If you’ve ever been fortunate enough to get bumped up to business or first-class, congrats. While most of us fly economy, who wouldn’t love for this to happen?
Flying in business or first-class is especially appealing for long flights, since the economy seating is generally cramped and uncomfortable.
The average flyer won’t pay the prices, which are usually 5 times more than economy (if not more) but a free upgrade is the stuff dreams are made of. For some, it isn’t that first-class is so amazing, but that economy is so terrible. Either way, whatever gets you to the promised land.
Read on as we tackle how you can improve your odds of an airline upgrade.
There’s a few factors that make some better candidates to be bumped up. Some of these include;
- Premium VIP/CIP members (Invitation only)
- Top-tier frequent flyers (Platinum / Gold)
- Alliance top-tier
- Mid-tier members (Silver)
- Alliance mid-tier
- Non-elite members
When you join an airline’s frequent flyer program, you have a distinct advantage and immediate priority over any non-members. An easy way to put the odds in you favor.
When it comes to that elusive airline upgrade, the terms vary from airline to airline. To some degree, it’s discretional, but there’s also assigning a passenger upgrade priority factor. Considerations such as fare class or cost of ticket purchased, date of booking, online check-in sequence number, booking using an influential travel agent, and individual passenger profiling all seem to be potential criteria.
Other factors that can put the odds in your favor also include looking for overbooked flights, booking a premium economy ticket, flying wide-body aircraft, flying solo, check-in early, board late, choosing an ‘upgradable’ airline, and avoid ordering a special meal as it cannot be upgraded with you.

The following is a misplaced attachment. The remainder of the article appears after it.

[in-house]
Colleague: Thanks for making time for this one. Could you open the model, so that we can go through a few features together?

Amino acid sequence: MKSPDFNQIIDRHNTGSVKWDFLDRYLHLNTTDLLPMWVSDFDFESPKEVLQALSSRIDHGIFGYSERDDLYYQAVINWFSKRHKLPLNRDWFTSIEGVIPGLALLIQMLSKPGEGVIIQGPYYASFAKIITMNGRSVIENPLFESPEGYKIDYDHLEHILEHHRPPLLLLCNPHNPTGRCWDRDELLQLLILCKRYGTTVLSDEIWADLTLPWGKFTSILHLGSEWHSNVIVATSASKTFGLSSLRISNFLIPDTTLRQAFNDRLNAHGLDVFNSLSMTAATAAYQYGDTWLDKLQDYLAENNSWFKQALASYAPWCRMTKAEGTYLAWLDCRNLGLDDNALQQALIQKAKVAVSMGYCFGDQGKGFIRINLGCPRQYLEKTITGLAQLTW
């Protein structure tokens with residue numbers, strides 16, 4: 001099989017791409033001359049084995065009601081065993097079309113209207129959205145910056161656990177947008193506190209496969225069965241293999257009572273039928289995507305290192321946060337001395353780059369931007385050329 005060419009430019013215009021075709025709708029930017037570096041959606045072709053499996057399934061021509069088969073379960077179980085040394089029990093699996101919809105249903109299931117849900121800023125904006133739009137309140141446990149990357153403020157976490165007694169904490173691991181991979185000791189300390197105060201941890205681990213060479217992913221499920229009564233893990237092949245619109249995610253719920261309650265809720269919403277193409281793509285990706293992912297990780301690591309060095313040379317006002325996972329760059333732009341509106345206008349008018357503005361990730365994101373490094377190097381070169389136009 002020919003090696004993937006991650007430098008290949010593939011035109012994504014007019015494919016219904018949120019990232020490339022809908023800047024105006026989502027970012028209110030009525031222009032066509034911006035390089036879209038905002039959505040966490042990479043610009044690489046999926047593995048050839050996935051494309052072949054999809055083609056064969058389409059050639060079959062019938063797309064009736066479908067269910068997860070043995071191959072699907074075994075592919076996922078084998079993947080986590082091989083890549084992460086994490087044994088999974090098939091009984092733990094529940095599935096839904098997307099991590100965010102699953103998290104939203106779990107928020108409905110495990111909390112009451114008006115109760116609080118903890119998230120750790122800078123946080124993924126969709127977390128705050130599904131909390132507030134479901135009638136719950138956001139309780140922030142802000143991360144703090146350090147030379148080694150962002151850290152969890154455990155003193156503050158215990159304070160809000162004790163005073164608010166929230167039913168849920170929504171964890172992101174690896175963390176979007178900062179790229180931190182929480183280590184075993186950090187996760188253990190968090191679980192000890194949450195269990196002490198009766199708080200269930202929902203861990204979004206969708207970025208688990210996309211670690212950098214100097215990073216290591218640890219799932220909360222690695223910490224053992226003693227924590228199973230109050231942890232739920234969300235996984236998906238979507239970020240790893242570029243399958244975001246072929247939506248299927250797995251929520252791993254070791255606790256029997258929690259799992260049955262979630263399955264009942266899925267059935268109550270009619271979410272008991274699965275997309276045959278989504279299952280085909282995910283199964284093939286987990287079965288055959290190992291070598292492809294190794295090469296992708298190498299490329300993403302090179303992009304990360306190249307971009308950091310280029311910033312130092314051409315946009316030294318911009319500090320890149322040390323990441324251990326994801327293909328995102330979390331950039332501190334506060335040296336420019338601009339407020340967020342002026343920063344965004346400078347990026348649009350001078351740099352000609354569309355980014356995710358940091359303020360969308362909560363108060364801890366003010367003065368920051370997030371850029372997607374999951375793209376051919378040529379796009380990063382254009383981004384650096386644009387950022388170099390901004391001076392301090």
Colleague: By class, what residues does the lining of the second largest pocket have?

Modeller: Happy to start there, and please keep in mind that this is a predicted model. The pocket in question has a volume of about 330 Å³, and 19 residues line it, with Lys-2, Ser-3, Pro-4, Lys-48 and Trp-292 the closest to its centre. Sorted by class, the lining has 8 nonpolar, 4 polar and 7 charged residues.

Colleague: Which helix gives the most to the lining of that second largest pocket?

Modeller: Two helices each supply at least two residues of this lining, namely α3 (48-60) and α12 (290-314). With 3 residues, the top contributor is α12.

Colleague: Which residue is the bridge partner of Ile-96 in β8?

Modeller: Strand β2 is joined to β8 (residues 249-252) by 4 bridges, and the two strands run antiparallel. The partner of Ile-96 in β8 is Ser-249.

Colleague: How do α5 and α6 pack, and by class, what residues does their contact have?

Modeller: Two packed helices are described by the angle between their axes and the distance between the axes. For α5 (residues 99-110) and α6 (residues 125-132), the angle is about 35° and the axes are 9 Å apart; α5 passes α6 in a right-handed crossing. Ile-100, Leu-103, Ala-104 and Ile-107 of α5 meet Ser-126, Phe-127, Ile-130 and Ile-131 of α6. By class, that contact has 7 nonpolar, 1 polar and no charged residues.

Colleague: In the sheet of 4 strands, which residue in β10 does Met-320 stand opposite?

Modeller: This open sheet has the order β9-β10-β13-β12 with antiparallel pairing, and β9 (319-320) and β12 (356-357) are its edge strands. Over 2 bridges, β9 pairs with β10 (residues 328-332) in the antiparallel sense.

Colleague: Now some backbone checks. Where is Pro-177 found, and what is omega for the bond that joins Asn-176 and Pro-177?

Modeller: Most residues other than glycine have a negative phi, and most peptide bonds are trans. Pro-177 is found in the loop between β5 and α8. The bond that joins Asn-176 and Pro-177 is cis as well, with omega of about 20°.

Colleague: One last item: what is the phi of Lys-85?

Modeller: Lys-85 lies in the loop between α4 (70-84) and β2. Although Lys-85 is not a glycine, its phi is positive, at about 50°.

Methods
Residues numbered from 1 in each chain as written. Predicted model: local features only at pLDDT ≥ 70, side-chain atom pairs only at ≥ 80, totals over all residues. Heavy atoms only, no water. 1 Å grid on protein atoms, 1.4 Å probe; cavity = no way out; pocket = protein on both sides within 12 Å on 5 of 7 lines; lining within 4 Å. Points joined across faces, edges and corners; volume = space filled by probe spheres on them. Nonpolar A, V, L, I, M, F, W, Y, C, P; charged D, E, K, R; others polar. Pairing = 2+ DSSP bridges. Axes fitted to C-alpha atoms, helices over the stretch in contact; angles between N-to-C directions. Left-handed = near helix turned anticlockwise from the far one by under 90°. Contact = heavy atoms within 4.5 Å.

What airline you choose can also be a factor. British Airways, Cathay Pacific and Emirates are a few examples of airlines that are well known to offer operational upgrades when required. And while how you dress might be the least of your advantages, smart casual or better can only tip the scales a little more for you.
While you would think that simply asking might help, it’s highly unlikely. However, if you were volunteering to be offloaded from an overbooked flight, then definitely ask about being upgraded on your re-booked flight.
If you’re fortunate enough to be pre-upgraded (at check-in or beforehand) you’ll also have access to the airline’s lounge at the airport.
Most airlines will usually upgrade one class, so if you’re in economy, you might get into business class, while those in business class have a much better chance of being bumped to first-class.
This is not to say you’ll never get bumped to first-class. It happens. Since airlines hate delays, as well as the crew which is only paid during flight, sometimes decisions need to be made quickly at the gate so that the flight gets away on-time.